Well, I hadn't really planned this, but perhaps I'm going to blog through The Gospel of Matthew. As I said yesterday, I'm just trying to overcome my own familiarity and read the text with "fresh eyes," and I'm using these blog-posts to help me do so. I'm reading one chapter a day, so stay with me and perhaps we'll learn things together.
Matthew 3 ends with the baptism of Jesus and the descent of the Spirit of God upon him. In The Presence and the Power G. E. Hawthorne writes:
Immediately after Jesus was baptized, the Spirit descended upon him, entered into him, filled him without measure, and remained within him. The consequence of this crisis event was that the entire course of Jesus' life was forever changed. From this moment onward the directing and empowering impulse of the Spirit of God ordered the way he was to go, the things he was to say and do.That's something I hadn't thought about before. The descent of the Spirit was a kind of crisis in his life. What would come after was going to be in some way drastically different than what came before.
And what's the first thing the Spirit does? Leads him into a desert wilderness--in fact, John the Baptist's old stomping-grounds--where he'll be tempted by the devil. Note this: he is led by the Spirit into the desert to be tempted. Yup, that's what it says at 4:1.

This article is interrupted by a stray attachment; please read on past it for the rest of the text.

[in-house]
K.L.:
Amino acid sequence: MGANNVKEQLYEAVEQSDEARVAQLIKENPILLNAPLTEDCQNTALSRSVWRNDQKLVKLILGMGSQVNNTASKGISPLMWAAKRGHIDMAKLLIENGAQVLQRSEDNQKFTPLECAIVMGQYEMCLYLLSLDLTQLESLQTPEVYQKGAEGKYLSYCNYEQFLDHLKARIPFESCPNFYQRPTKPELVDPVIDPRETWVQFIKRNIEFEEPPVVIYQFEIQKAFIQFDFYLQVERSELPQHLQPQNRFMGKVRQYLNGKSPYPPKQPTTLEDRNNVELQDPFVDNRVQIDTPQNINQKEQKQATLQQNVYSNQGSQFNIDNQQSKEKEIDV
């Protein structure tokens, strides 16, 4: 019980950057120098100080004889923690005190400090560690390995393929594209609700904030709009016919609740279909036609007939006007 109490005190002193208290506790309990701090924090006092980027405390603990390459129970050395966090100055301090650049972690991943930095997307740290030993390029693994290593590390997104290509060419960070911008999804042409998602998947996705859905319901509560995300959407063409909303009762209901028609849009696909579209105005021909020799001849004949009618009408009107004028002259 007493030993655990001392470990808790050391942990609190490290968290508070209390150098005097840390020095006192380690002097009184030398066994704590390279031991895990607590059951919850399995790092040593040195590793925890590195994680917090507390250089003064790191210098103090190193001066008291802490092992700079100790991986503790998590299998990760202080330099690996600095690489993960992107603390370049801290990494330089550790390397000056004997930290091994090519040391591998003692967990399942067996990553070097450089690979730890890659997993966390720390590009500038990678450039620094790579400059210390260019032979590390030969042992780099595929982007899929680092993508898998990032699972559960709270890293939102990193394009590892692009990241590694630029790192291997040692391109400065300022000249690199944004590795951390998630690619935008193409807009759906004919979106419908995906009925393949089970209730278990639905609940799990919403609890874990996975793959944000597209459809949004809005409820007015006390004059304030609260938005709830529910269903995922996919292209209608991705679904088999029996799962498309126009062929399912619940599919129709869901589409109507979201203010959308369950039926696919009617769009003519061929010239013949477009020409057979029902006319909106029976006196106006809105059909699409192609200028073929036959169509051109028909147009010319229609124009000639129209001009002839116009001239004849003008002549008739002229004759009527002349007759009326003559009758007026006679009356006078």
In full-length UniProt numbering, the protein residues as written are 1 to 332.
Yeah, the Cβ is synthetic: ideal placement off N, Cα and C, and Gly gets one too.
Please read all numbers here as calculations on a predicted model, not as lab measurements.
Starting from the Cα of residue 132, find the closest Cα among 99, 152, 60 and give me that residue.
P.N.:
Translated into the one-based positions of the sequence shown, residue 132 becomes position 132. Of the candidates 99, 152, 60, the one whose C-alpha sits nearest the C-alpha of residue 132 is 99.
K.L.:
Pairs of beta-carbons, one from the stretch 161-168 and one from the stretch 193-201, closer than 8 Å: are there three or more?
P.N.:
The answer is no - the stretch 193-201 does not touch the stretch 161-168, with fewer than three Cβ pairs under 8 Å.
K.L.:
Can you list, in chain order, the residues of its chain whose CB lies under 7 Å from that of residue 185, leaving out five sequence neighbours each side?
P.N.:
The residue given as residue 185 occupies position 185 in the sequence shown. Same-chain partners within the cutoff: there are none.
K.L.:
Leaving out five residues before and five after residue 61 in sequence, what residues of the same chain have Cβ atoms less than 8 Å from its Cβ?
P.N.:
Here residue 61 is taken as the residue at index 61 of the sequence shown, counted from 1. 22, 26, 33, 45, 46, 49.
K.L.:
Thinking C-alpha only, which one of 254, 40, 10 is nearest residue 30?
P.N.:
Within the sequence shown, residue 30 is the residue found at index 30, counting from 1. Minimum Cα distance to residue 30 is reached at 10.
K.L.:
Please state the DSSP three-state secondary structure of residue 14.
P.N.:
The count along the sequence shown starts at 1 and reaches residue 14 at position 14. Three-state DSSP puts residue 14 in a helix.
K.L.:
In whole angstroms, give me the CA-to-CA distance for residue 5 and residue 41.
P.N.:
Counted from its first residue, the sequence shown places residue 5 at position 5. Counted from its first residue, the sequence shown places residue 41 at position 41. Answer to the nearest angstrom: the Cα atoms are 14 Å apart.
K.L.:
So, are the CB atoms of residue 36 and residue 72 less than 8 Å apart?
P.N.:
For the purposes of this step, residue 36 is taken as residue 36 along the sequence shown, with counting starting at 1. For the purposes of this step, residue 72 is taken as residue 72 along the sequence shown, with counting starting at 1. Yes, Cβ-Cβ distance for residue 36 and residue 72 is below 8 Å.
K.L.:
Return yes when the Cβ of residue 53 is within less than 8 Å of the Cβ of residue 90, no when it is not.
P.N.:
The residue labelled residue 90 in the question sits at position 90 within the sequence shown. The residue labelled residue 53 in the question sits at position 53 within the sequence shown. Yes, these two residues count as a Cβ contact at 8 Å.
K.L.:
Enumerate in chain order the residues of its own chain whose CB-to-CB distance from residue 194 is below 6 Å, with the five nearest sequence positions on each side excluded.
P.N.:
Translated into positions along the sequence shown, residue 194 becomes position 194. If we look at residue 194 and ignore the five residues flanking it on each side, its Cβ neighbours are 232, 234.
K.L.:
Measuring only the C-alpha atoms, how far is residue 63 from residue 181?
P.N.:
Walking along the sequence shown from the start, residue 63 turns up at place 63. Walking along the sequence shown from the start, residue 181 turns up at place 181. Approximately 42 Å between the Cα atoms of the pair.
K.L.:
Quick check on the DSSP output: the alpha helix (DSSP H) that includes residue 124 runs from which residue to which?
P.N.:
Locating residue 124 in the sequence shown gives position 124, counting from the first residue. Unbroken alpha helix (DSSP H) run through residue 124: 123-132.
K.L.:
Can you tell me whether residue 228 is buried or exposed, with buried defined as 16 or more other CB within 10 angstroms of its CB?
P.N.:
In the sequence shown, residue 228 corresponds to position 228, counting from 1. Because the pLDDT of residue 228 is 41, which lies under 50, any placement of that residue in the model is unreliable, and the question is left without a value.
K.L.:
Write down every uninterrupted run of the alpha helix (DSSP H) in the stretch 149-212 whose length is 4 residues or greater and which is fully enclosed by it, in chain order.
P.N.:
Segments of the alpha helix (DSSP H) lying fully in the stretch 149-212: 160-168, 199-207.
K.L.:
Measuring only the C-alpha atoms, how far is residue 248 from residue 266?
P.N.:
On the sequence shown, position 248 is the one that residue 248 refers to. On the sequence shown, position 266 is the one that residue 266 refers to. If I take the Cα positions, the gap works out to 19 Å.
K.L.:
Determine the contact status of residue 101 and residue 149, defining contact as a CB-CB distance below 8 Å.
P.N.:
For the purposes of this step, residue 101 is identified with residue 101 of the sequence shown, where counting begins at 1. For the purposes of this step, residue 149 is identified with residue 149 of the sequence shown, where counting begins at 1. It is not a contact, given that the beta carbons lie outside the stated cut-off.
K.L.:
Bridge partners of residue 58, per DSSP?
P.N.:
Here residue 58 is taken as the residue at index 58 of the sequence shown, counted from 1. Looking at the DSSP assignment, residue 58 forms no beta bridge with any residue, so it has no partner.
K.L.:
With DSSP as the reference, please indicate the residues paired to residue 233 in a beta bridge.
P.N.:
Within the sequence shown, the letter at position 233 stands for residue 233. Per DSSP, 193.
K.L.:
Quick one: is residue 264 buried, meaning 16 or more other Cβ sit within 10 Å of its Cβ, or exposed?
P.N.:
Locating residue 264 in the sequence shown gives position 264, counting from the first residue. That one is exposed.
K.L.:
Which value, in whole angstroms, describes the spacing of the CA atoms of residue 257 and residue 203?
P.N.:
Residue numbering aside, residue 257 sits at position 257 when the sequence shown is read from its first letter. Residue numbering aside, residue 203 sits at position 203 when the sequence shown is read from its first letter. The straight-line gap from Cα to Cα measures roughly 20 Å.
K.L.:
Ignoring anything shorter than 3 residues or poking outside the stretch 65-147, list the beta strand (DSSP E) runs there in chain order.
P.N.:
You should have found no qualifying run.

Then Jesus was led up by the Spirit into the wilderness to be tempted by the devil.To put it another way, it was a part of God's plan for Jesus that his Spirit-led ministry should be inaugurated by a close-encounter with evil, a full-frontal assault of the enemy. This was the first demonstration, for Jesus' benefit alone, of the power that the Spirit's presence would give him.
It kind of reminds me of a verse I read this morning:
It is good for me that I was afflicted, / that I might learn your statutes. Ps. 119:71Or, in Jesus' case, It is good for me that I was tempted, that I might learn the real power of your indwelling Word.
Well, much more can be said (and has been) about all these desert temptations, but in the end Jesus comes out of that experience as a sort of new and improved John the Baptist, preaching exactly the same message ("Repent, for the kingdom of heaven is at hand"), but unlike John accompanying that preaching with healing on a massive scale. People come flocking of course, and this carpenter's son from Nazareth seems invested with a power heretofore unknown. The obvious question, for one reading this account 2000 years later, might be: Okay, but what's all this about a kingdom?